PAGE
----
“Having been here and having visited I feel a renewed commitment to do what we can at Sesame to encourage the reinstitution of that funding,” says Ming. “If those children are not getting the kind of content that we will create, what are they getting?”
But while some see “Shar’a Simsim” as a victim of the political process, others say the show’s defunding through the USAID freeze was a natural extension of U.S. policy resulting from the Palestinians’ actions. A November 2011 Congressional Research Service report (http://www.fas.org/sgp/crs/mideast/RS22967.pdf) states that U.S. foreign assistance to the Palestinians is meant to promote U.S. policy interests including preventing terrorism against Israel from Hamas and other terrorist groups, preparing the Palestinians for peaceful coexistence and self-governance, and meeting humanitarian needs and preventing destabilization.
The USAID freeze that impacted “Shar’a Simsim” was “based not only on the Palestinian Authority’s attempt to obtain legitimacy as an independent state outside the framework of negotiations with Israel, but also on the PA-Hamas consensus agreement—under which the Palestinian leadership embraced a terrorist entity sworn to Israel’s destruction,” CAMERA (Committee for Accuracy in Middle East Reporting in America) analyst Ricki Hollander wrote in an op-ed for JNS.org last year.
Hollander argued that instead of lamenting the defunding of Palestinian “Sesame Street,” the public and the media (which ran headlines on the issue such as “Congress makes Elmo cry by defunding Palestinian “Sesame Street,” “Kermit kaput for Palestinian kids in 2012,” and “Muppets soft target of statehood payback”) should focus on the demonization of Israel on Palestinian Authority TV, a channel whose various music videos and other broadcasts glorifying suicide bombers have been documented by Palestinian Media Watch. She also noted a Hamas children’s TV show that “routinely urges youngsters to exterminate the Jews” through the messenger of a Mickey Mouse-like puppet named Farfour.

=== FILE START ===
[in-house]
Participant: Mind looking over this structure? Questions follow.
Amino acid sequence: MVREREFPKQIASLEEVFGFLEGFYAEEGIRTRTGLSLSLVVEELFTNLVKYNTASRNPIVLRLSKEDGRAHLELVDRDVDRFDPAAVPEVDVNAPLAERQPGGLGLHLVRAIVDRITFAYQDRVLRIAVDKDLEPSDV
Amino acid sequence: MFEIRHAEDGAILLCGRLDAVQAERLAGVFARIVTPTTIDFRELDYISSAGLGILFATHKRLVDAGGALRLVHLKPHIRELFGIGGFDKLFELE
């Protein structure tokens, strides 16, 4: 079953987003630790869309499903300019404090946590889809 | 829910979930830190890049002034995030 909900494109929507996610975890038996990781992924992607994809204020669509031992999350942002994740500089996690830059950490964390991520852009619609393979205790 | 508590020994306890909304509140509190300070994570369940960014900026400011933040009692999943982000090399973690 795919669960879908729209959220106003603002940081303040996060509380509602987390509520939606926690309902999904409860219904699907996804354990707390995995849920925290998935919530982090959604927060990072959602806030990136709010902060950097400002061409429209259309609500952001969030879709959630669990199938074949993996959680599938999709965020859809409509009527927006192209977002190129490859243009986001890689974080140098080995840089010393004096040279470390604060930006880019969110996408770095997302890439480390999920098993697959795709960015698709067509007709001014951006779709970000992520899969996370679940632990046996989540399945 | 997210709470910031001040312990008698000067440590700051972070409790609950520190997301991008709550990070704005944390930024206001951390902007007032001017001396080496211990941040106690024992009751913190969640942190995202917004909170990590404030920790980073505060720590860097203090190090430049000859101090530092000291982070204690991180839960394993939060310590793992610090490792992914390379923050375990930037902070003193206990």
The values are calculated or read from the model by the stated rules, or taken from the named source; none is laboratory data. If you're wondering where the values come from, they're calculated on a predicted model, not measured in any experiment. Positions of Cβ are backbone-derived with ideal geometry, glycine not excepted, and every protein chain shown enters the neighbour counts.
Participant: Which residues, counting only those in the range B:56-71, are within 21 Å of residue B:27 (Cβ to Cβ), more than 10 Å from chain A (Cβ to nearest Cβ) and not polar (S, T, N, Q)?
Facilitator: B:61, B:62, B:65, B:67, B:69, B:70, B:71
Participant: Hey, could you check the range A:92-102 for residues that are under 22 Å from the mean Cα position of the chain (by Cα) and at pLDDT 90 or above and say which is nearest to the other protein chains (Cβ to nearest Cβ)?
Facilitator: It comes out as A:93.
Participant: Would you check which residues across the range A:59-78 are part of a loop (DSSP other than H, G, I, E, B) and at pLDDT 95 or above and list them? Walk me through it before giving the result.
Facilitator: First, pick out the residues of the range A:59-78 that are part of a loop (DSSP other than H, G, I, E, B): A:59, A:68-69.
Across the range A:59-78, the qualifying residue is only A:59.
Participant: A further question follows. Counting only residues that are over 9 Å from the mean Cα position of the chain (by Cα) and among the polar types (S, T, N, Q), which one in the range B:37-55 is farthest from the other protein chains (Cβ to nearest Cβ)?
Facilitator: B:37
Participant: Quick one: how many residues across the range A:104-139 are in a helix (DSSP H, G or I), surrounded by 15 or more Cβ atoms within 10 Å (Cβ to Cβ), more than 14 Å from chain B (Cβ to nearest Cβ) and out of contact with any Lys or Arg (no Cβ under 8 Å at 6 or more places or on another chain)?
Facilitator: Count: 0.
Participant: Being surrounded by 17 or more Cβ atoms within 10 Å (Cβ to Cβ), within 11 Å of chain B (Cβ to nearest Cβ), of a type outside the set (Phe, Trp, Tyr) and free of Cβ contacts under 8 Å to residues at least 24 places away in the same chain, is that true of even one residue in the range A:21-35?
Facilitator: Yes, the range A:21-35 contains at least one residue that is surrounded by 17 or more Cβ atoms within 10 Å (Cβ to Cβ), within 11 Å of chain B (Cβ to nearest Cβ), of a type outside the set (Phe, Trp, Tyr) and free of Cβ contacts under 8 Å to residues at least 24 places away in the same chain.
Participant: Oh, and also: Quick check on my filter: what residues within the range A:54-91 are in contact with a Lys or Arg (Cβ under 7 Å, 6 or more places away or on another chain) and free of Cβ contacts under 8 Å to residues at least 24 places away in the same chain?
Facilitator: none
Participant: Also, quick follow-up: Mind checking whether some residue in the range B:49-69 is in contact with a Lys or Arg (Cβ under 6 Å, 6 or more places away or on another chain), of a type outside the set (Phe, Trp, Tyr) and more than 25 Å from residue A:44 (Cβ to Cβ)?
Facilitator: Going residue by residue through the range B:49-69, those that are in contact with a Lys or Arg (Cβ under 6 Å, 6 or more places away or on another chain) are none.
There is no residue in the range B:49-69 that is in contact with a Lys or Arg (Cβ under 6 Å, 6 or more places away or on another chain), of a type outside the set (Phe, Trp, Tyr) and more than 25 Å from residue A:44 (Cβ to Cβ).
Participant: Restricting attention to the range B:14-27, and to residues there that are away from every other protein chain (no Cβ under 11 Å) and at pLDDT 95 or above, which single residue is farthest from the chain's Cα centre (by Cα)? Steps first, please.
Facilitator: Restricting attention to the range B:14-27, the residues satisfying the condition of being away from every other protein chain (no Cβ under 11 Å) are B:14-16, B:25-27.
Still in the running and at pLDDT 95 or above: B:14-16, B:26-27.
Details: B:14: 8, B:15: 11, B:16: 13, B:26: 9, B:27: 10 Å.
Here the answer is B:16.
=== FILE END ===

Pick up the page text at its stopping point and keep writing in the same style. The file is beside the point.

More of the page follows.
“Instead of decrying the toll on children forced temporarily to watch “Sesame Street” re-runs, journalists would do better to cover the persistent assault on Palestinian children’s innocence by inciting them to kill,” Hollander wrote. “Perhaps, readers and listeners would then gain a more accurate understanding of the role Palestinian television plays in thwarting the possibility of peace and coexistence.”
The American “Sesame Street,” meanwhile, has also had a tumultuous year. Kevin Clash, the puppeteer behind the American Elmo for the last 28 years, left the show in November after facing allegations that he had sexual relations with minors.
“The fact that such goodwill for Sesame as the icon that it is has permitted us to come through a pretty difficult year,” says Ming.
On top of that, “Sesame Street” gained newfound fame and notoriety during the presidential elections when Republican presidential candidate Mitt Romney, in a debate, opposed its small government funding. Ming says the Romney episode ultimately proved positive because it revealed the nation’s commitment to commercial-free, preschool television. Sesame, however, was careful not to choose sides in the election, and even told President Barack Obama’s campaign to remove Big Bird from its advertisements. Now that the campaign is over, Sesame is back to exploring how Middle East neighbors can exist side by side.
“Part of Sesame Workshop’s DNA has been to always push the boundaries and … address critical and oftentimes seemingly difficult issues and to do it in a way that is age appropriate,” says Rosenfeld.